Refugees: Portugal takes in less than half its quota of 4,486

Back in the emotive days of 2015 – when the world was assailed with heartbreaking photos – Portugal vowed to play its part in welcoming refugees. But this week Público explains things haven’t gone quite as planned.

Bureaucracy at every turn has meant that only 1866 fleeing men, women and children have arrived “less than half the amount agreed on with the European Union”

Not all have stayed, either, says the paper. But that’s another story.

Breaking numbers down, Público says the initial EN relocation programme (running from 2015 to 2018) saw 1,552 people arrive in this country – 1,192 from camps in Greece, 360 from camps in Italy.

Of these, 982 were men and 570 women: 730 adults, 822 under the age of 18.

This programme placed arrivals – the majority from Syria (837), Iraque (338) and Eritreia (388) – in 99 boroughs.

Then came the UN-led ‘reinstallation programme’ – for refugees from countries outside the EU – bringing to Portugal 134 people from Egypt, and 62 from Turkey. And since then others have arrived from the Mediterranean migrant crisis (click here).

In January, the ministry of internal administration and the minister of the presidency and administrative modernisation talked about re-installing a further 1,010 refugees via the UN’s ACNUR programme which was asking member states in total to take in a further 50,000 people.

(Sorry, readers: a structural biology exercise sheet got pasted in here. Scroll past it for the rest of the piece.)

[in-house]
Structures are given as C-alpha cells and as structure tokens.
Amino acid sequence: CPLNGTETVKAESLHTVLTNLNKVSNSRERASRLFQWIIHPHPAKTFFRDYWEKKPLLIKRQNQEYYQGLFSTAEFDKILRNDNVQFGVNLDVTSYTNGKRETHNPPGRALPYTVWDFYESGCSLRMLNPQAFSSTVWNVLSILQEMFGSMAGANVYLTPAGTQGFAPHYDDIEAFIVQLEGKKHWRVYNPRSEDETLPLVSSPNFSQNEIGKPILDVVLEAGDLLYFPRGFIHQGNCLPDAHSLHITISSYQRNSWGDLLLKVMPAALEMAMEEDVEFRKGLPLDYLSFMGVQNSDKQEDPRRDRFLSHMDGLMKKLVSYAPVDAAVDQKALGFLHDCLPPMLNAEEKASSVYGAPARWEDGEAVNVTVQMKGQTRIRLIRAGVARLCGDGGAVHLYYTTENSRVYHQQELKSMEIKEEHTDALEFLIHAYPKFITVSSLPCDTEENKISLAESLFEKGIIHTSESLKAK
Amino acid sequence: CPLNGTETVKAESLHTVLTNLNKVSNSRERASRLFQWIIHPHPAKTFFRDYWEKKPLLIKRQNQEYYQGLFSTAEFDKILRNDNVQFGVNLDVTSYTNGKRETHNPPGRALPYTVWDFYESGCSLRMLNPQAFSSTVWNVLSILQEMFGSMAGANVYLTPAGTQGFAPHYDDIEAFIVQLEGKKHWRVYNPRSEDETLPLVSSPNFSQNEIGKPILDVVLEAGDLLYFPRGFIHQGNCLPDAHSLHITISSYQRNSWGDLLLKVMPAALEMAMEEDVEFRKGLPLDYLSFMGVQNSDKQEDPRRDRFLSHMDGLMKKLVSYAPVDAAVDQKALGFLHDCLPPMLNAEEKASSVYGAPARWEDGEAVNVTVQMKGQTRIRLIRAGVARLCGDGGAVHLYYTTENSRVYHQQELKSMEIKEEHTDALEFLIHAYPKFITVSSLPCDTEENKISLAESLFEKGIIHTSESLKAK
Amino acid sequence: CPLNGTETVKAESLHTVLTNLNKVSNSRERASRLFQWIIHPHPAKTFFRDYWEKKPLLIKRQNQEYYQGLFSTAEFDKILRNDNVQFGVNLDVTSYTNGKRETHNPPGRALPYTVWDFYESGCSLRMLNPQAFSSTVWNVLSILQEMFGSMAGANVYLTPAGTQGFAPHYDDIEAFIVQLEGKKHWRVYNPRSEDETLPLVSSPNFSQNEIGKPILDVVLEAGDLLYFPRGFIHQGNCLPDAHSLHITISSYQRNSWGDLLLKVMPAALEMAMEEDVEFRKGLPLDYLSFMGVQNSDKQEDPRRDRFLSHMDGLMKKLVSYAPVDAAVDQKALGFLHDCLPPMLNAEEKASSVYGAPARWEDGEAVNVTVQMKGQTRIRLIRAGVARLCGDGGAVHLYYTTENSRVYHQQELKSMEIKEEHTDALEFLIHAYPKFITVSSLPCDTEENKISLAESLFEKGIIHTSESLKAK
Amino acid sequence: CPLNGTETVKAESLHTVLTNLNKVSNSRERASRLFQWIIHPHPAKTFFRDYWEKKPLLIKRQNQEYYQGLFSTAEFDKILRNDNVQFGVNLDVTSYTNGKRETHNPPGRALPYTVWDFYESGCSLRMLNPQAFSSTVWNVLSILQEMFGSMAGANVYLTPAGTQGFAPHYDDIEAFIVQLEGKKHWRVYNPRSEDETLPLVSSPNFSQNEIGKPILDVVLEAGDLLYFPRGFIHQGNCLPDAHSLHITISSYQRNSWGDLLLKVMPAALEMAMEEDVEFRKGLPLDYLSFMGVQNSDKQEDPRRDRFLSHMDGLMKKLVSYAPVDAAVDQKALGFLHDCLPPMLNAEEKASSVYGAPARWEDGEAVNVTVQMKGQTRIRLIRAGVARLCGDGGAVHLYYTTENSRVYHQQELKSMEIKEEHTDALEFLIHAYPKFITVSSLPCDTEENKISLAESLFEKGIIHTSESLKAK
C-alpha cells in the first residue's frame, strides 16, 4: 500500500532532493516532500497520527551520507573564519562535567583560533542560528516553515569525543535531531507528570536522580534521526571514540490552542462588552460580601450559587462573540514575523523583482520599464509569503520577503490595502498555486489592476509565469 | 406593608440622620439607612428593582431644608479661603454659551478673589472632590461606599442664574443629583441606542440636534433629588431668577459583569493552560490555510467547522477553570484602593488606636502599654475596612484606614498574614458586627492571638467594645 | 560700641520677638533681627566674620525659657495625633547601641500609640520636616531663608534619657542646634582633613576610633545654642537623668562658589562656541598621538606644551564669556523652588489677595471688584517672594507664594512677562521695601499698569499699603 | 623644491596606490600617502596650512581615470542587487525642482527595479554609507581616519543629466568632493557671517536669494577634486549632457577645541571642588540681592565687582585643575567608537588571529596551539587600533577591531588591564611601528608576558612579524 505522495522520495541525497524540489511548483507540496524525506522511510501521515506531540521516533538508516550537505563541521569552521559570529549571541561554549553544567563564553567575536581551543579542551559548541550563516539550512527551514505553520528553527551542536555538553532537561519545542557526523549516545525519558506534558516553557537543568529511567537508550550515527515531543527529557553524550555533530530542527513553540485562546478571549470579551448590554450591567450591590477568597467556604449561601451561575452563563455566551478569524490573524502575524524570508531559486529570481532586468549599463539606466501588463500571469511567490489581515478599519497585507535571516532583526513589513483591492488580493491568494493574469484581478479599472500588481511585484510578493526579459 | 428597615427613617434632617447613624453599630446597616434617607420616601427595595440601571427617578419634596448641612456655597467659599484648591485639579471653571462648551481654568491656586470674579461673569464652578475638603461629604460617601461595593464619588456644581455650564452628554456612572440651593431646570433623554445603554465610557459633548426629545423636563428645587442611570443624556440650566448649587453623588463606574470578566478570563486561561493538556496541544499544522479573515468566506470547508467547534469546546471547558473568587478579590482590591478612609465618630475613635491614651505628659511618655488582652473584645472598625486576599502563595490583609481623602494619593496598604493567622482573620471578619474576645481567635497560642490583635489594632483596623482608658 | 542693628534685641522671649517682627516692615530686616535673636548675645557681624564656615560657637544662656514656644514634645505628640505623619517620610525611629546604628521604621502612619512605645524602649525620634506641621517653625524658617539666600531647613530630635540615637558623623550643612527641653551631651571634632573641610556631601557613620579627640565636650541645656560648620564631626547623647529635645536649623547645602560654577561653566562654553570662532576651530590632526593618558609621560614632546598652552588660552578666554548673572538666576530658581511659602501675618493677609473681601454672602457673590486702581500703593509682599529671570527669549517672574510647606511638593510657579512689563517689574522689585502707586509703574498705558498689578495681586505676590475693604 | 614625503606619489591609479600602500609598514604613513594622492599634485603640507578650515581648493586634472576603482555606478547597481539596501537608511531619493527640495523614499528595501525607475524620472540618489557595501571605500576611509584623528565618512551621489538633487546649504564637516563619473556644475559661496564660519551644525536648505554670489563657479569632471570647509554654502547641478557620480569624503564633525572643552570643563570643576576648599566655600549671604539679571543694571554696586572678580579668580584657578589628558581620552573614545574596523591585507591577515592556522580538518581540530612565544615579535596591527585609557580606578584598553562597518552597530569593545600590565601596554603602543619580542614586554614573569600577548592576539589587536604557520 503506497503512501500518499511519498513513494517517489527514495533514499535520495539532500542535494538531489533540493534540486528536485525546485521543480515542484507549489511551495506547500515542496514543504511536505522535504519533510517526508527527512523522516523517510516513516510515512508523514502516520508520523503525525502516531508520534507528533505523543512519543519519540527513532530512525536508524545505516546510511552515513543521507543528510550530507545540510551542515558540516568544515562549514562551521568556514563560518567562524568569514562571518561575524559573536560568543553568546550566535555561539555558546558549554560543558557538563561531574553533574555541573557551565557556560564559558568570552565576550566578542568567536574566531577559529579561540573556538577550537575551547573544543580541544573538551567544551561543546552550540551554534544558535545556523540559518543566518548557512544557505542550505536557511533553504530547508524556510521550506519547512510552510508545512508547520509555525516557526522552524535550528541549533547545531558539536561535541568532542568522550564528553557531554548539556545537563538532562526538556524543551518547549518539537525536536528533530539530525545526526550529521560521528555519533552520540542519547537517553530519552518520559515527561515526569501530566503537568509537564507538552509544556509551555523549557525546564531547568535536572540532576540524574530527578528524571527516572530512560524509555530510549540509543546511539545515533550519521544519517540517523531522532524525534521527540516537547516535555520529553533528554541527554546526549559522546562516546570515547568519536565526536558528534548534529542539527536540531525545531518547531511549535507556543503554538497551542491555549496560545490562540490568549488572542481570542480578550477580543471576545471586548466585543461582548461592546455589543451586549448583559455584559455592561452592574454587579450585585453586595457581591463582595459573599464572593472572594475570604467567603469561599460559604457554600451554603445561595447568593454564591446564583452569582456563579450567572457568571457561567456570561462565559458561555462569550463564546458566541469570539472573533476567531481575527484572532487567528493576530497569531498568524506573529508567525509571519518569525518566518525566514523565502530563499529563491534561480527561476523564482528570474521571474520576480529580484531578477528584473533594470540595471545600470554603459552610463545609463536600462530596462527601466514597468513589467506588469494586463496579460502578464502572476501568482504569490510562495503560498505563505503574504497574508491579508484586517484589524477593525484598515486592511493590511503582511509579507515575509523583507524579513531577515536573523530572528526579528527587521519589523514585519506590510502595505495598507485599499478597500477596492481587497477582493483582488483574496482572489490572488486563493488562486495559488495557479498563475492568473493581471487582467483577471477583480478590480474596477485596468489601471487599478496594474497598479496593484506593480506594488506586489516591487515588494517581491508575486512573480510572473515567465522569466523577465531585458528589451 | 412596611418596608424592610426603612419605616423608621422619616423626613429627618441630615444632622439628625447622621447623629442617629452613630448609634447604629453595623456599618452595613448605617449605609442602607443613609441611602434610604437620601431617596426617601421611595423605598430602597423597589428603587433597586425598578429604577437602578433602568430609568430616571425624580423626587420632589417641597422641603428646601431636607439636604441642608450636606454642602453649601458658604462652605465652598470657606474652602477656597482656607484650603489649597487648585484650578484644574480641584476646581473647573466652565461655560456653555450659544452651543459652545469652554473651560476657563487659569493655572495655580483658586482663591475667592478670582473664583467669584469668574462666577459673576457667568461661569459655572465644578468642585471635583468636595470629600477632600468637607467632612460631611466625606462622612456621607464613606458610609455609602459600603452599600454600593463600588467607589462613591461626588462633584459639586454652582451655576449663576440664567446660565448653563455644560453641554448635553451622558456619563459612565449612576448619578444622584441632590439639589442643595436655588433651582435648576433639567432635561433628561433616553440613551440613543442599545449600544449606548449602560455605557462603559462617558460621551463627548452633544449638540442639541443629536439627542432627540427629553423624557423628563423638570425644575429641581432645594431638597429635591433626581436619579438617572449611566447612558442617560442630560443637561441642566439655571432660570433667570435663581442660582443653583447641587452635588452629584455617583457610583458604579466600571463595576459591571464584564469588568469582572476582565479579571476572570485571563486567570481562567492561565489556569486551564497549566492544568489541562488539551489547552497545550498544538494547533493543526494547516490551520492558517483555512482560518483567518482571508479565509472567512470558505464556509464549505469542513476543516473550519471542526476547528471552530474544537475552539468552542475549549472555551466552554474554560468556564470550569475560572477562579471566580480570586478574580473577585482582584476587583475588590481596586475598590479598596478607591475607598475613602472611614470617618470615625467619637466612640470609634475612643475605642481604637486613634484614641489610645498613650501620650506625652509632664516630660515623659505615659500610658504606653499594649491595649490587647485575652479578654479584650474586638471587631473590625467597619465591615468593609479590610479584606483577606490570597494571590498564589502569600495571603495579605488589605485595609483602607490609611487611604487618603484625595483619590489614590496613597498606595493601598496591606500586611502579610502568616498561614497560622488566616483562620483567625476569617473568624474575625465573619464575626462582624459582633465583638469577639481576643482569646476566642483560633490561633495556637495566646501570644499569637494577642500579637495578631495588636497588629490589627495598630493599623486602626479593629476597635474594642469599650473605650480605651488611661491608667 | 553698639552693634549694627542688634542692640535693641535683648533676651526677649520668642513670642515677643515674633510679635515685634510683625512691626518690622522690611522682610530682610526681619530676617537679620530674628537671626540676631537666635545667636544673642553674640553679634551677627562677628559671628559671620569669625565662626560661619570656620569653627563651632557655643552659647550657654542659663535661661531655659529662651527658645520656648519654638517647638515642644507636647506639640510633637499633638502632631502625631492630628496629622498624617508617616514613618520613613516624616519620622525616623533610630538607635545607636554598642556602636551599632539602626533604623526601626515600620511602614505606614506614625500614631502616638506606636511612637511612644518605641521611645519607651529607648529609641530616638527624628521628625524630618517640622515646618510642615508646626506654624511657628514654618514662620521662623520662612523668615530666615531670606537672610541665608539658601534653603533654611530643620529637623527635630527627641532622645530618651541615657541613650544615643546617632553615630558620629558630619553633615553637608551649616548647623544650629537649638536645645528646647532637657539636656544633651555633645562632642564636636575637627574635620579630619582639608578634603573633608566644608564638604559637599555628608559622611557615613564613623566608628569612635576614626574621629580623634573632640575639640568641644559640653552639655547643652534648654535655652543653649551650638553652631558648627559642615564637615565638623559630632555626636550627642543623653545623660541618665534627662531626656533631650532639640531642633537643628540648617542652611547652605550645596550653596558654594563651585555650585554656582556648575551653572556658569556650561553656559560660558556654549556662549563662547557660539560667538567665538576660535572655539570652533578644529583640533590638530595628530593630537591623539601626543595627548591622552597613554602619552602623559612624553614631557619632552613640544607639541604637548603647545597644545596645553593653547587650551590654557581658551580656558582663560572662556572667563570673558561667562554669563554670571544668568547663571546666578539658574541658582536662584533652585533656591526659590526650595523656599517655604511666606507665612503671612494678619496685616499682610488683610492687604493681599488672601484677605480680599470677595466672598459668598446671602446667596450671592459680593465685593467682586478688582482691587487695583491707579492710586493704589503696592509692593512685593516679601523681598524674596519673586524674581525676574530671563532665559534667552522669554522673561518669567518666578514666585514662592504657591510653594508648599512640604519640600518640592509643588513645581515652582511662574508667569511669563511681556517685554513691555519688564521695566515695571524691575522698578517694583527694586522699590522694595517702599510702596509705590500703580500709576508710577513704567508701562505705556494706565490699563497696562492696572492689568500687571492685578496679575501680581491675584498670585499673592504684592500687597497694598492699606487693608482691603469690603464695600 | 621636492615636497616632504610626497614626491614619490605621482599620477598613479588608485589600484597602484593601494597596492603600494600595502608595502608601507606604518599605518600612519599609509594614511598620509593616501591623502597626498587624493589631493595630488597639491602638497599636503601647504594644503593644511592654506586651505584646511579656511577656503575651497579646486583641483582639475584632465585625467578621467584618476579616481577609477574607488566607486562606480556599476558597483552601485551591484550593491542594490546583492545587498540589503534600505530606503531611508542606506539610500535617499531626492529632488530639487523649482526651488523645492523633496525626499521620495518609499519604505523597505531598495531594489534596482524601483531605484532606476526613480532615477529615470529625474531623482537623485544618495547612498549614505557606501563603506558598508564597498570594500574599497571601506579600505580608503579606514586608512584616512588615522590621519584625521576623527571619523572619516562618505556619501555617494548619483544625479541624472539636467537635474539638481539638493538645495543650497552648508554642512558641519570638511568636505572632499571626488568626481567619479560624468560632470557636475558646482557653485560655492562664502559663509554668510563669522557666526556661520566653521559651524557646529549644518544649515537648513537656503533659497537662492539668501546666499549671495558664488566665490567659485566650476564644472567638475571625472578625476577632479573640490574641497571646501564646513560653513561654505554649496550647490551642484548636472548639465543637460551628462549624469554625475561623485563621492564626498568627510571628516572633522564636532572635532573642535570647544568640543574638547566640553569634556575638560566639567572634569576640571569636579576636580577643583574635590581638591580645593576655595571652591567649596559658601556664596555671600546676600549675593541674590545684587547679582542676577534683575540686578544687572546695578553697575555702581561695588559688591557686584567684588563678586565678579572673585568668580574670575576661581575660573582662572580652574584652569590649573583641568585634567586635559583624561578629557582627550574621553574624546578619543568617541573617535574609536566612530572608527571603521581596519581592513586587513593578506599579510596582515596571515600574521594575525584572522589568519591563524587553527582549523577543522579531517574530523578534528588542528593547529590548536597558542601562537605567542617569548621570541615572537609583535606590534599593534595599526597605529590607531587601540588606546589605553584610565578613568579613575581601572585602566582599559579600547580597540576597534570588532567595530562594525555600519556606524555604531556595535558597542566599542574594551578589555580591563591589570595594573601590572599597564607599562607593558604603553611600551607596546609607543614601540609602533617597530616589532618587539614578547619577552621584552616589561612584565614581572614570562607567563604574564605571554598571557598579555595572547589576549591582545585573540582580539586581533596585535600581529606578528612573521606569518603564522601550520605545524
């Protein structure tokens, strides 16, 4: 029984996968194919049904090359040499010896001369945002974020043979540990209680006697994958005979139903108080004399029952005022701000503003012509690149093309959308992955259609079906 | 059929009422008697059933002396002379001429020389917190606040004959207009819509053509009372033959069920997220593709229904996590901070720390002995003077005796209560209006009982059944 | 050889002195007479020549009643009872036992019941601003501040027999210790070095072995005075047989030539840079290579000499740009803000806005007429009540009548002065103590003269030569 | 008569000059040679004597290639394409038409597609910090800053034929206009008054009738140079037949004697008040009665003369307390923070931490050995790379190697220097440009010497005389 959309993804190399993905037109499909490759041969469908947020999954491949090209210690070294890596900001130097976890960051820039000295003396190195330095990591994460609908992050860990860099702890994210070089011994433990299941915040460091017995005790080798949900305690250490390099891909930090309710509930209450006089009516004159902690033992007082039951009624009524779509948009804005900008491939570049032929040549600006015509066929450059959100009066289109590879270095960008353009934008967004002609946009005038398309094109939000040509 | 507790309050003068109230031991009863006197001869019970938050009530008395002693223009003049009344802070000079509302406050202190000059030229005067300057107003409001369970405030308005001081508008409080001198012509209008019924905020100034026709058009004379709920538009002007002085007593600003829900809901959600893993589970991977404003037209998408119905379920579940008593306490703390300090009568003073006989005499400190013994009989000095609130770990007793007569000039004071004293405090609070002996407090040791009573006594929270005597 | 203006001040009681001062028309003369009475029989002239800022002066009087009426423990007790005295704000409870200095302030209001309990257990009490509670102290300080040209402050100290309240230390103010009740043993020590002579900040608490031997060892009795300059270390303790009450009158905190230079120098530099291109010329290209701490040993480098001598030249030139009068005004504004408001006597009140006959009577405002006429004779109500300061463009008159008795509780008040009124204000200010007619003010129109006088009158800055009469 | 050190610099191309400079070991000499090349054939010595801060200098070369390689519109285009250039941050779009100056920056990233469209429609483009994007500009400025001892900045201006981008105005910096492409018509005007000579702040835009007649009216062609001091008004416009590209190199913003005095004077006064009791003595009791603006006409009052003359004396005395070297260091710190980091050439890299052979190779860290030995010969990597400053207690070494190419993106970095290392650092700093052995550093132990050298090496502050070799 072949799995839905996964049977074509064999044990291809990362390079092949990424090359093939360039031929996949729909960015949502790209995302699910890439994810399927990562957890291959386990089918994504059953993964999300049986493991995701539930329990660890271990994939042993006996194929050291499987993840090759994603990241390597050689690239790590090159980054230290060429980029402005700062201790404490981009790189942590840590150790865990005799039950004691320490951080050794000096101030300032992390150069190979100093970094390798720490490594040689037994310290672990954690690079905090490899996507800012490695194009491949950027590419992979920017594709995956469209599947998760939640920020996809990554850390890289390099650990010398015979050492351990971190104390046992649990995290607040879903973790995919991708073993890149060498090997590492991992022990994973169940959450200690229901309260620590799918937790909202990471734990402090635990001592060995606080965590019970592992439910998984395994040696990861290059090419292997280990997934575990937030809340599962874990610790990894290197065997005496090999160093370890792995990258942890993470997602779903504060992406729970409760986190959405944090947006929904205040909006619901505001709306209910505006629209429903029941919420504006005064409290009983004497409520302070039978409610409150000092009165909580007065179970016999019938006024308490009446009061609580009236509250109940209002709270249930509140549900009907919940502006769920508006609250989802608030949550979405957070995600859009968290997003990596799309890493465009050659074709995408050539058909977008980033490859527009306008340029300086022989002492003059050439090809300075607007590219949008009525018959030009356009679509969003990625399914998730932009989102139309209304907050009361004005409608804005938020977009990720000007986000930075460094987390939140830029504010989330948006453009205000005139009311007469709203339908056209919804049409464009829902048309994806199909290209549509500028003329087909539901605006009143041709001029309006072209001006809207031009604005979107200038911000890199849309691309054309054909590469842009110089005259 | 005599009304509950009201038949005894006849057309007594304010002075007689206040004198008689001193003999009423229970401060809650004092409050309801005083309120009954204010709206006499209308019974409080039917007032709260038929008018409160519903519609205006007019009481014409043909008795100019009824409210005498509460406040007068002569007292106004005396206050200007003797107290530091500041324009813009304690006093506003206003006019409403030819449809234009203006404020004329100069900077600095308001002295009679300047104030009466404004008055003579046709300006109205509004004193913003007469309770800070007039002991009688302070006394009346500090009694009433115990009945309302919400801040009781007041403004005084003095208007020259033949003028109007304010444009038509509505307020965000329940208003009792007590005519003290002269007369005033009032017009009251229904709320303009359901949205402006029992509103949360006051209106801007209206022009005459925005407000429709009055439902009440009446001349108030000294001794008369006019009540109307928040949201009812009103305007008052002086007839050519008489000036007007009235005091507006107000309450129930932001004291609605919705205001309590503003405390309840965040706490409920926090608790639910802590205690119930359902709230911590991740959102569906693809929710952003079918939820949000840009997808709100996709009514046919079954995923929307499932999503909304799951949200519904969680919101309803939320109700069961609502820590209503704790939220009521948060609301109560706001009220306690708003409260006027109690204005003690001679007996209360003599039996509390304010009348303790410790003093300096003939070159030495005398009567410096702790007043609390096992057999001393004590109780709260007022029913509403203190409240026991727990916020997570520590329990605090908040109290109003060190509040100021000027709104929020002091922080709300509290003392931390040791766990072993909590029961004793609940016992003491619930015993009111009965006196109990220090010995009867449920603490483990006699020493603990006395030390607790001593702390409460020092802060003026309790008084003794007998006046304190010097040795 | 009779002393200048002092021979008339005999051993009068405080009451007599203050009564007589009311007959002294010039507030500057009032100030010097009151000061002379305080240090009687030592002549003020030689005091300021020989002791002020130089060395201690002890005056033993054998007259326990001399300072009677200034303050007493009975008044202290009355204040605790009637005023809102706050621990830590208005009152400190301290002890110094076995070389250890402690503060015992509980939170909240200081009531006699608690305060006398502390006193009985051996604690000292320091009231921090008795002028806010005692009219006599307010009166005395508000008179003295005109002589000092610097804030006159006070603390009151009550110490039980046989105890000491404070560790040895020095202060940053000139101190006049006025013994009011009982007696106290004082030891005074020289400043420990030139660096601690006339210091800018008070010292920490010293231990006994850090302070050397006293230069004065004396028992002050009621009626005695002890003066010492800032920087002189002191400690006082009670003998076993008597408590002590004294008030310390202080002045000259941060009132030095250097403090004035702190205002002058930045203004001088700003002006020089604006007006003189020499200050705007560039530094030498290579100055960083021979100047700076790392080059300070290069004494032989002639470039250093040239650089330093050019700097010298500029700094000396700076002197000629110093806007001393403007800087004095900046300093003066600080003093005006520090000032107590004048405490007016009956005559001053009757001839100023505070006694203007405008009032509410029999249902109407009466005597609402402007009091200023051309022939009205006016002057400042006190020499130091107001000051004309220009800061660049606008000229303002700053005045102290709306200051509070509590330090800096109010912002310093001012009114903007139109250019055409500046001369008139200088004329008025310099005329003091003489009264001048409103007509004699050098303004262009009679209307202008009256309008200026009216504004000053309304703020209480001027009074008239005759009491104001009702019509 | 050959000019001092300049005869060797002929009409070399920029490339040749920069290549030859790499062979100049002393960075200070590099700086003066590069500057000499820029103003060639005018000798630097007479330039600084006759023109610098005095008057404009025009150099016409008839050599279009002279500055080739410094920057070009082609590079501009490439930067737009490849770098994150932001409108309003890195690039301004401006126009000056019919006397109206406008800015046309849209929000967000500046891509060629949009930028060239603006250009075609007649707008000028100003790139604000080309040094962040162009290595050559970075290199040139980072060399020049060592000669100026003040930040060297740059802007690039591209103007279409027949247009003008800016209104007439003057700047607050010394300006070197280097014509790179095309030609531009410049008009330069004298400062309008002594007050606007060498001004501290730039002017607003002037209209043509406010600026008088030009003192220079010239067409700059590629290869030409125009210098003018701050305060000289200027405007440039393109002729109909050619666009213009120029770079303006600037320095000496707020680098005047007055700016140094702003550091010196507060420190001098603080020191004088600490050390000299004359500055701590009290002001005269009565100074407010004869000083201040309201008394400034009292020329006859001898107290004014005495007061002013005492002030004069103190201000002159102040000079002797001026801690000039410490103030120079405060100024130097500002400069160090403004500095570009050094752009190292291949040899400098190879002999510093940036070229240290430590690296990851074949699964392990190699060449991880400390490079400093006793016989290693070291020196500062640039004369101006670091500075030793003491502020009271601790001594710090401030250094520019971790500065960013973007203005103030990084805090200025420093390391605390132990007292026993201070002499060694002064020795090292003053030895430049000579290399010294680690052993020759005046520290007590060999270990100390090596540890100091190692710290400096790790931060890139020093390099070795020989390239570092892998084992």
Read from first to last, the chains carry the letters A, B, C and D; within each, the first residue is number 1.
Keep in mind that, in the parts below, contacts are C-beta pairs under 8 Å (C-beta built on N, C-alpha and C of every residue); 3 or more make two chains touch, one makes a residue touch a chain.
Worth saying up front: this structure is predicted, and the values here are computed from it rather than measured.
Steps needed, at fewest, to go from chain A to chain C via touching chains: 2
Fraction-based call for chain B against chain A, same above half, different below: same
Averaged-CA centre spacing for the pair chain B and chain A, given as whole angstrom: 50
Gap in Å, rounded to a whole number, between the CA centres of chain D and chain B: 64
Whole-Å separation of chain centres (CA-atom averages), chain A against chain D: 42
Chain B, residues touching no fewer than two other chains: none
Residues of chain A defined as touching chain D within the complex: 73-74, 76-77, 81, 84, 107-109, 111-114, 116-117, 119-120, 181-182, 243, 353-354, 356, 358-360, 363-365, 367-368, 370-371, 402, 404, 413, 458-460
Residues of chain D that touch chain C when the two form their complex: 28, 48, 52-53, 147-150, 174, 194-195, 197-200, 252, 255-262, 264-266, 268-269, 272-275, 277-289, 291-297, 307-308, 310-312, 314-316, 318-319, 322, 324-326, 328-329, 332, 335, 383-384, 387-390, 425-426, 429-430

Up till now this does not appear to have moved forward, despite limited publicity in the press.

Says Público, the slow uptake is essentially down to bureaucracy at every turn – starting in the camps – and then there are difficulties with integration once people get here.

It’s unclear how many refugees have left the country, but “they are many”, says the paper.

Between December 2015 and October 2016, 720 of the 1511 taken in at the time had gone (click here), since then, figures have been vague.

The article stresses nonetheless the government’s determination to keep taking in refugees – particularly bearing in mind that back in 2016 prime minister António Costa said the country was ready to welcome “more than 5,000” on top of the original quota agreed with the EU (click here).

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